BEIJING, March 18 (AP) – Genetic material collected near the Chinese market where the first human case of COVID-19 was found showed raccoon DNA mixed with the virus, fueling the theory that the virus originated in animals rather than animals. Provided evidence lab, international experts say.
“These data do not provide a definitive answer to how the pandemic started, but each piece of data is important and can bring us closer to that answer,” WHO Director-General Tedros Adhanom Ghebreyesus said on Friday.
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How the coronavirus emerged is unclear. Many scientists believe it likely jumped from animals to humans at a wild animal market in Wuhan, China, as many other viruses have done in the past. But Wuhan has several labs involved in collecting and studying the coronavirus, and scientists believe the virus may have leaked from one lab, lending support to the theory.
The new findings do not address this question, and they have not been formally reviewed by other experts or published in a peer-reviewed journal.
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Tedros criticized China for not sharing genetic information sooner, telling a news conference that “these data could and should have been shared three years ago.”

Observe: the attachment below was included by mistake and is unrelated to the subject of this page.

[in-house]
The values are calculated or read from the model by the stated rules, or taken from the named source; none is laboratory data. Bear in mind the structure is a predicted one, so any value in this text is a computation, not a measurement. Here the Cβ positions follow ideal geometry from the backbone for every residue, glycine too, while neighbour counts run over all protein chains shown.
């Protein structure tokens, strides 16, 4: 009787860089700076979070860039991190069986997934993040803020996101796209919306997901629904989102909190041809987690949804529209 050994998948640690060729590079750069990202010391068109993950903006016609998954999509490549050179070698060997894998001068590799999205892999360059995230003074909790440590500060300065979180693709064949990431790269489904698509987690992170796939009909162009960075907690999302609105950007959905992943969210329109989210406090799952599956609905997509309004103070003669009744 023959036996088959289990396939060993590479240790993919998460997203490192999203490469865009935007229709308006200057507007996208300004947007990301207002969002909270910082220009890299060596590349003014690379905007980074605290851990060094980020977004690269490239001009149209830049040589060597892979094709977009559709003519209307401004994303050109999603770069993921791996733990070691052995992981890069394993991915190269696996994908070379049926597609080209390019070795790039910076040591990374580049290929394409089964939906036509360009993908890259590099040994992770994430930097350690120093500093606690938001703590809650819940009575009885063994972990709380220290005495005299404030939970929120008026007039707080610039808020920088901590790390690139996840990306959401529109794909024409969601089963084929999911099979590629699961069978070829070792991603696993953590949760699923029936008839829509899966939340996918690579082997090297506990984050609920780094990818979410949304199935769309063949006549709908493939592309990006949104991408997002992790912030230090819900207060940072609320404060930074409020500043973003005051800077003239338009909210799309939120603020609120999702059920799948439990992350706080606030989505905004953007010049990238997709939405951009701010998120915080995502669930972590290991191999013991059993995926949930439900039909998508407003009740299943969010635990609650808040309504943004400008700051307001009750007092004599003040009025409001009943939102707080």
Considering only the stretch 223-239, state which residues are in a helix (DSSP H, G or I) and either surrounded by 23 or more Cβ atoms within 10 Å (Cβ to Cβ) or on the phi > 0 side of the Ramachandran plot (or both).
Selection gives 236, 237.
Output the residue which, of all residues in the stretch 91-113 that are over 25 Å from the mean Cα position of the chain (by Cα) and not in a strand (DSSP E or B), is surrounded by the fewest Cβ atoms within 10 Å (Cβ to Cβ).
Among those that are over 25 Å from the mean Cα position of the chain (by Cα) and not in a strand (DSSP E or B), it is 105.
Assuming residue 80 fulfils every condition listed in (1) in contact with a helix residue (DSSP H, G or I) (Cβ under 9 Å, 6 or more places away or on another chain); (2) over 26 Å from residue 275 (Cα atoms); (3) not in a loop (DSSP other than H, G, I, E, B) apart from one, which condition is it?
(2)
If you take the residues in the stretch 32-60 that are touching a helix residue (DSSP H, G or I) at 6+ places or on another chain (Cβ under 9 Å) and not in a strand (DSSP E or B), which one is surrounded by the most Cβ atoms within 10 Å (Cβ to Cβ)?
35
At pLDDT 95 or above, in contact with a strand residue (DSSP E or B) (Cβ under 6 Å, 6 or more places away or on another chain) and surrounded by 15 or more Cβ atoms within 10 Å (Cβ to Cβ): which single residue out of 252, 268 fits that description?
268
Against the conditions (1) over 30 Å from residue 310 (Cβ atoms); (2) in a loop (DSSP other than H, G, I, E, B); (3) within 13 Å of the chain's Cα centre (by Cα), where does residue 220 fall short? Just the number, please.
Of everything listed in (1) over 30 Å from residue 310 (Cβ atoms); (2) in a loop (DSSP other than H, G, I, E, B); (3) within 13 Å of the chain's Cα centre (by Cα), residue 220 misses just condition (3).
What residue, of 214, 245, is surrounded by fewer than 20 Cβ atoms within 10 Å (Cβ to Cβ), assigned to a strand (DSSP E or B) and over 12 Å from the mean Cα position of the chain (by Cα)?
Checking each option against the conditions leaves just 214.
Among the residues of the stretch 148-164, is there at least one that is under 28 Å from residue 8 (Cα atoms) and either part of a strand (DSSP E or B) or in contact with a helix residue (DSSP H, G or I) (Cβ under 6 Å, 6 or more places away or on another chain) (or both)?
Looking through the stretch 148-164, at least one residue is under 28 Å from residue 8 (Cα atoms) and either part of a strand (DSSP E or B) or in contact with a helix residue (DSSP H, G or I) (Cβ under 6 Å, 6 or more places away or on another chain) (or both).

These samples were collected in early 2020 from the surface of the Huanan Seafood Market in Wuhan, where the first human case of COVID-19 was detected in late 2019.
Scientists at the Chinese Center for Disease Control and Prevention recently uploaded the genetic sequence to the world’s largest public virus database, Tedros said.
They were then removed, but not before a French biologist stumbled upon the information and shared it with a group of scientists outside China who were studying the origin of the coronavirus.
The scientists said data showed that some COVID-positive samples collected from a stall known to be involved in the wildlife trade also contained the raccoon gene, suggesting the animals may have been infected with the virus. Their analysis was first reported in The Atlantic.
“It’s very likely that the animals that deposited this DNA also deposited the virus,” said University of Utah virologist Stephen Goldstein, who was involved in the analysis of the data. “If you do environmental sampling after a zoonotic spillover event… …which is basically exactly what you would expect to find.”
Named for their raccoon-like faces, the canids are often bred for their fur and sold as meat at animal markets across China.